Blanding, who has worked at the Federation for nearly two decades and has been its executive director since 2015, observes that “our history is a shining example of what is possible when limited resource people and communities pool their resources and work cooperatively to solve their common problems and build organizations that are owned and controlled by those that use and benefit from them.” Yet Blanding also recognizes that the organization cannot rest on past achievement, saying, “When we are finished changing, we are finished.”
One new area of activity involves trying to reinvigorate membership control of rural electrical co-ops, as Kate Aronoff profiled in Dissent this past summer. Nationally, electric co-ops provide power to 42 million Americans in 47 states. Zippert, reports Aronoff, has worked “with member-owners of the Black Warrior Electric Membership Corporation to make it more democratic.” The 26,000-plus membership is 60 percent Black, but “up to this point,” Zippert says, “they have not had a Black board member.” A few co-ops fare better. Aronoff notes that the Roanoke Electric Cooperative has a majority Black board and staff. Aronoff adds:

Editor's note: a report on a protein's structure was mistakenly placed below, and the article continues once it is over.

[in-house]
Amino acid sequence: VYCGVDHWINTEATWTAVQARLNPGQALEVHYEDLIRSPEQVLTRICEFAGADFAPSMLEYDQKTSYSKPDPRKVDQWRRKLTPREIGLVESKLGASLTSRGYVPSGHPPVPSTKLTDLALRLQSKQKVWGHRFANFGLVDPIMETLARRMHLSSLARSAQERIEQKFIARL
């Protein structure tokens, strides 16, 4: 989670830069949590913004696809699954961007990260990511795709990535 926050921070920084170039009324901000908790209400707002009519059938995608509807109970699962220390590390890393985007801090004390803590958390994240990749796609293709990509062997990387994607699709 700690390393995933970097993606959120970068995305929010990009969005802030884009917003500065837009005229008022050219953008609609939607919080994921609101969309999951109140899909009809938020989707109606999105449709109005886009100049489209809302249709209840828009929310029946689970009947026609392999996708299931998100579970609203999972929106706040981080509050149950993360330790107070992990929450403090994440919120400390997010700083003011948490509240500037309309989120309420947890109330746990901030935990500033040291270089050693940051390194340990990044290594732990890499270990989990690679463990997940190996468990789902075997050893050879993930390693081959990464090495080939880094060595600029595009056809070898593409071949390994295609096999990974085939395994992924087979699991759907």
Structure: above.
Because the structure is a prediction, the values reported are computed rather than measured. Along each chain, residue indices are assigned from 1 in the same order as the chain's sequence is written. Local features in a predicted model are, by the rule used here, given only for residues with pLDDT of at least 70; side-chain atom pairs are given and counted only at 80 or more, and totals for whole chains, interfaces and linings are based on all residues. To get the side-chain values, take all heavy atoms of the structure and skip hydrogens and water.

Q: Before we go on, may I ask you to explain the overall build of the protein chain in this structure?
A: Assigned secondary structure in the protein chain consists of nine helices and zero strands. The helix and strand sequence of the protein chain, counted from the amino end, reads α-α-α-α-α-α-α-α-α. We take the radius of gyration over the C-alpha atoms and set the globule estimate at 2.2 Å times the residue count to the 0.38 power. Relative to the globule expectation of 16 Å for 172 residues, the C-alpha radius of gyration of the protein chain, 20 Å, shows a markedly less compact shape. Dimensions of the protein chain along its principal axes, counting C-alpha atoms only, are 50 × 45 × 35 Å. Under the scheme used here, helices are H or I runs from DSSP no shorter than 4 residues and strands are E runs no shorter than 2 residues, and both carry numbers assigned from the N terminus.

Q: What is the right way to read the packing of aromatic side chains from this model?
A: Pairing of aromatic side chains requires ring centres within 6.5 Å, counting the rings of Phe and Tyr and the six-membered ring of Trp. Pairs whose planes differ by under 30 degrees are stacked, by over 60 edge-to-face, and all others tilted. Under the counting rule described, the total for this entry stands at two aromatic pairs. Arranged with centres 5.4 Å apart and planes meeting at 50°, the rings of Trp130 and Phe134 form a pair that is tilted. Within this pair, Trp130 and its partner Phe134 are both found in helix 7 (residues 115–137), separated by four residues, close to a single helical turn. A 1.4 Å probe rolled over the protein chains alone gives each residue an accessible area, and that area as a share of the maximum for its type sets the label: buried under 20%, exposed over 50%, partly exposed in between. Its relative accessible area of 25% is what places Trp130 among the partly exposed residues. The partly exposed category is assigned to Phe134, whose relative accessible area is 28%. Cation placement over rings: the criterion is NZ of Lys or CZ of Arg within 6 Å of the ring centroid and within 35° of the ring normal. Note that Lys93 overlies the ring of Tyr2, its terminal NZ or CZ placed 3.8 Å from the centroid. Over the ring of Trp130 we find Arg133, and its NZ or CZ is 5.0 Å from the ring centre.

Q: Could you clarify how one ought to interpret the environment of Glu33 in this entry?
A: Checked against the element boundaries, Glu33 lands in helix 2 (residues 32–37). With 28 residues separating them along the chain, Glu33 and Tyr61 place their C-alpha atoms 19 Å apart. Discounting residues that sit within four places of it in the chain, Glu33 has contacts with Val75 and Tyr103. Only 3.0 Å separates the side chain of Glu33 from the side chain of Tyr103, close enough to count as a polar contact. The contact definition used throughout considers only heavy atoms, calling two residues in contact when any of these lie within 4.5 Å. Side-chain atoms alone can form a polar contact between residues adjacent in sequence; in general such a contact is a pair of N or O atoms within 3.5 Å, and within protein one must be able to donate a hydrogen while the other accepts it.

Its programs extend well beyond electricity…Roanoke has sponsored a Sustainable Forestry and African American Land Retention Program, assisting 117 landowners with everything from financial support to timber management.
Electric co-ops also “enjoy direct access to the USDA’s rural development funds. A recently developed program…[allowing] co-ops to perform upgrades to member-owners’ homes and their own equipment at no up-front cost.”
There is, of course, much more. NSAWG highlights the Federation’s efforts to clear title to preserve remaining Black-owned farmland. The Federation also has five state-level offices that work on cooperative economic development, provides technical assistance to existing co-ops, conducts trainings in sustainable agriculture, and promotes youth empowerment. The group has also assisted farmers developing co-ops abroad in Haiti, Cuba, the Caribbean, and Africa.
Blanding emphasizes the organization’s grassroots nature as key to its agility. Each co-op member has a vote and say in the Federation’s direction. The “networks are truly built from the ground up and have to be built on need in order for them to be sustainable.”—Steve Dubb